When we think about the state of Trust in in mid-2022, there is some good news: Trust is rising (at least in democratic countries, while falling in autocratic ones).

The bad news: the gap in Trust has dramatically widened between higher-income people compared with those earning lower-incomes, globally.

 

 

 

 

 

 

And that gap is “tinder” that can be quickly sparked into a socio-political fire in countries around the world, Richard Edelman cautioned today when introducing the latest look at the 2022 Edelman Trust Barometer, focusing on geopolitics and business.

We have never seen numbers like this before, Edelman noted after over two decades conducting this research.

He explained: the bottom quarter of people see inflation, concerns about job loss, and outcomes from the pandemic who have never quite recovered. worse outcomes from the pandemic from which some have never recovered. “The trust gap between the highest quartile and the bottom has never been larger,” Edelman said. “We have never seen numbers like this before.”

Edelman further warned: “This is the tinder on the floor of the world situation that, with one spark, is populism and yellow vests and more.”

The Edelman Trust Barometer is a perennial feature providing context at The World Economic Forum every year. This week, the meeting convenes live in Davos, for the first time since before the emergence of the coronavirus pandemic. Leaders in government, business, media, and NGOs will be discussing the converging big issues of the moment: Ukraine/Russia, climate change, inflation, food supply, and to be sure, public health — with new concerns about monkey pox on the pandemic radar.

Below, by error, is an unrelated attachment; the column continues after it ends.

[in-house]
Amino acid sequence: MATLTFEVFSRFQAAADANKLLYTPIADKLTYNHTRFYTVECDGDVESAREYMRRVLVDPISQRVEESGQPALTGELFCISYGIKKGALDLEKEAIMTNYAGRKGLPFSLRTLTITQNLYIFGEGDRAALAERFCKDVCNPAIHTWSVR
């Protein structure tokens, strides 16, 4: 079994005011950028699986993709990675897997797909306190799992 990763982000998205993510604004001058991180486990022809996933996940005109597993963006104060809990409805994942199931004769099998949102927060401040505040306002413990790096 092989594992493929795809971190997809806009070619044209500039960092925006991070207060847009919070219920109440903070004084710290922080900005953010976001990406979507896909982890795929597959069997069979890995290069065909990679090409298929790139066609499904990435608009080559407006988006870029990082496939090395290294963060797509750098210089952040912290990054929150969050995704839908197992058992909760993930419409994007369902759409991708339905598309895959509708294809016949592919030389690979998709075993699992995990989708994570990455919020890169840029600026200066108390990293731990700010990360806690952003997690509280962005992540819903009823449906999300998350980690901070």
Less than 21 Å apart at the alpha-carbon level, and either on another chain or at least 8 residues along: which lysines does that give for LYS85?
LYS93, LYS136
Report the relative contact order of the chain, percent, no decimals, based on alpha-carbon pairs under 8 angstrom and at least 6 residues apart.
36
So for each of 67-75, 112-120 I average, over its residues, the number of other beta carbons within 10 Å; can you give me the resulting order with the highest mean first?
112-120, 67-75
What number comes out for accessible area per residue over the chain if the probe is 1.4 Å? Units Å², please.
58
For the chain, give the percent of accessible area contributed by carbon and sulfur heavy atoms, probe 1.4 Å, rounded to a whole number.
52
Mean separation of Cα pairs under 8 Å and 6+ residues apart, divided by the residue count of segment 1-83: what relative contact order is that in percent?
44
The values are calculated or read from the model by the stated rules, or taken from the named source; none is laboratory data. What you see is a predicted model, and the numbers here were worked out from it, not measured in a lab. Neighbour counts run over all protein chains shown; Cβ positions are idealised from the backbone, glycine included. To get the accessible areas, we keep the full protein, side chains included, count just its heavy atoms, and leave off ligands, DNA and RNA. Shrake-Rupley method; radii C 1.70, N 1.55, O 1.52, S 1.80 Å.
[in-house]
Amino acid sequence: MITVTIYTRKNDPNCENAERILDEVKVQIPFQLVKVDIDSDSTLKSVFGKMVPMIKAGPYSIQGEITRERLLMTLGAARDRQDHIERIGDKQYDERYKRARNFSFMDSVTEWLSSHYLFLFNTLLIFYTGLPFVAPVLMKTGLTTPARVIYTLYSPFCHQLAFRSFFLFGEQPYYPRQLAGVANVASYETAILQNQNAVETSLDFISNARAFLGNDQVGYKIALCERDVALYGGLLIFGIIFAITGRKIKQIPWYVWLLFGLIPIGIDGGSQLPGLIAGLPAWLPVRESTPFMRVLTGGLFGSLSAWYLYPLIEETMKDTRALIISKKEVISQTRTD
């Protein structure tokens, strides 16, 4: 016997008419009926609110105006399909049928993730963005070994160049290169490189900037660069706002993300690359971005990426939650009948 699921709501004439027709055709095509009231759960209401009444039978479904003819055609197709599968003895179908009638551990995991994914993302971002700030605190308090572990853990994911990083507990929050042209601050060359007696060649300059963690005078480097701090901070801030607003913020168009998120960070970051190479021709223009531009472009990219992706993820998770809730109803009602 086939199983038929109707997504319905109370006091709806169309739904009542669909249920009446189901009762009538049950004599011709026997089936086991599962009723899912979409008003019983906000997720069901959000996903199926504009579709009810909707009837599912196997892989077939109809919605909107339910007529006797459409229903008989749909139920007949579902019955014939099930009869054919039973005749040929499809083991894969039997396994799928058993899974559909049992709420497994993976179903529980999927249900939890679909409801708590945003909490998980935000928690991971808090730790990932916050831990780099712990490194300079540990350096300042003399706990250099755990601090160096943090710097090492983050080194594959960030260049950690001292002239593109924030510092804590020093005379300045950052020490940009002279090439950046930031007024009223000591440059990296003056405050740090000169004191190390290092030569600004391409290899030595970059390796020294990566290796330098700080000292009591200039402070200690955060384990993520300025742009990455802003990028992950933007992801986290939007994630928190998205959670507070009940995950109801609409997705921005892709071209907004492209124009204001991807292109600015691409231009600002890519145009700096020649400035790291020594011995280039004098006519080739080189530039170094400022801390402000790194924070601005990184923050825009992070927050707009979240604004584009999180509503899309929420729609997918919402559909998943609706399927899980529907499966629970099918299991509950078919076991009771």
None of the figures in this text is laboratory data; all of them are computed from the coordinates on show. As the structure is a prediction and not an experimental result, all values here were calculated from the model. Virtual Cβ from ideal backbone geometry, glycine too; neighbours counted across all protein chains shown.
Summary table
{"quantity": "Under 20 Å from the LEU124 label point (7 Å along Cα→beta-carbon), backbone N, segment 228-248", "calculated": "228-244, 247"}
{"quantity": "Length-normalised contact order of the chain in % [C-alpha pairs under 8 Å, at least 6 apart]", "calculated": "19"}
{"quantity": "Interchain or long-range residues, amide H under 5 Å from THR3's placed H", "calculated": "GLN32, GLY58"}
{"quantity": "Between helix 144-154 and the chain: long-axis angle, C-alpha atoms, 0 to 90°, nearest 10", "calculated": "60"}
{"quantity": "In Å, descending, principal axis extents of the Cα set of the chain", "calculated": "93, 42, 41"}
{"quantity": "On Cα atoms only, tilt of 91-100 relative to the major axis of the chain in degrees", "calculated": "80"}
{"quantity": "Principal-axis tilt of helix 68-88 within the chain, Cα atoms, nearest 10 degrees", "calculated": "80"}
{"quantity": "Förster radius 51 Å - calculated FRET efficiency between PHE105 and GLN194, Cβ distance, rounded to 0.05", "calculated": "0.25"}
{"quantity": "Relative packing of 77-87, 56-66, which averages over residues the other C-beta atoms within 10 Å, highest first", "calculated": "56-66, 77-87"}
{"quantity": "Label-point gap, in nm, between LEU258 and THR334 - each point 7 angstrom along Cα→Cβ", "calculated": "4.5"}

It’s the business sector that continues to be most-trusted by people for its competence and ethics. “That’s why we keep getting assigned these tasks,” Edelman said. But a caveat on that is that, “You can’t juggle the 3 balls equally in a recession[ary] environment.”

For over a decade, CEOs have had two mission-balls to juggle in leading their companies: economic responsibilities (such as job creation, ensuring safety in products and services, and driving innovation) and societal (such as supporting local communities, addressing climate change, and providing trustworthy information).

The Ukraine Invasion by Russia has added a third ball to CEOs juggling act: geopolitical responsibilities.

“CEOs who have been juggling financial and economic performance with societal impact now have a third, geopolitical, ball to keep in the air,” Edelman advised.

 

 

 

 

 

 

While government got a nudge up the Trust Barometer in 2020 at the start of the pandemic, business has held its leading edge in trust equity with global citizens in 2022.

See that scientists gained 10 trust-points in the first half of 2022 in the U.S. To that point, one of business’s strongest trust-points is companies’ ability and power to deliver facts and sound information to their publics.

 

 

 

 

 

 

 

Dr. David Nabarro was one of several panel commentators, adding his lens as Special Envoy on COVID-19 to the World Health Organization.

As a public health doctor, he zeroed in on inflation, and specifically food and energy costs, contributing to some peoples’ trust deficits.

“The trust gulf has widened enormously,” Dr. Nabarro said. COVID has “hurt people all over the world really hard….We are trying to start to understand the fracturing of social relationships due to COVID,” which has severely impacted 20% of the poor world citizens he commented.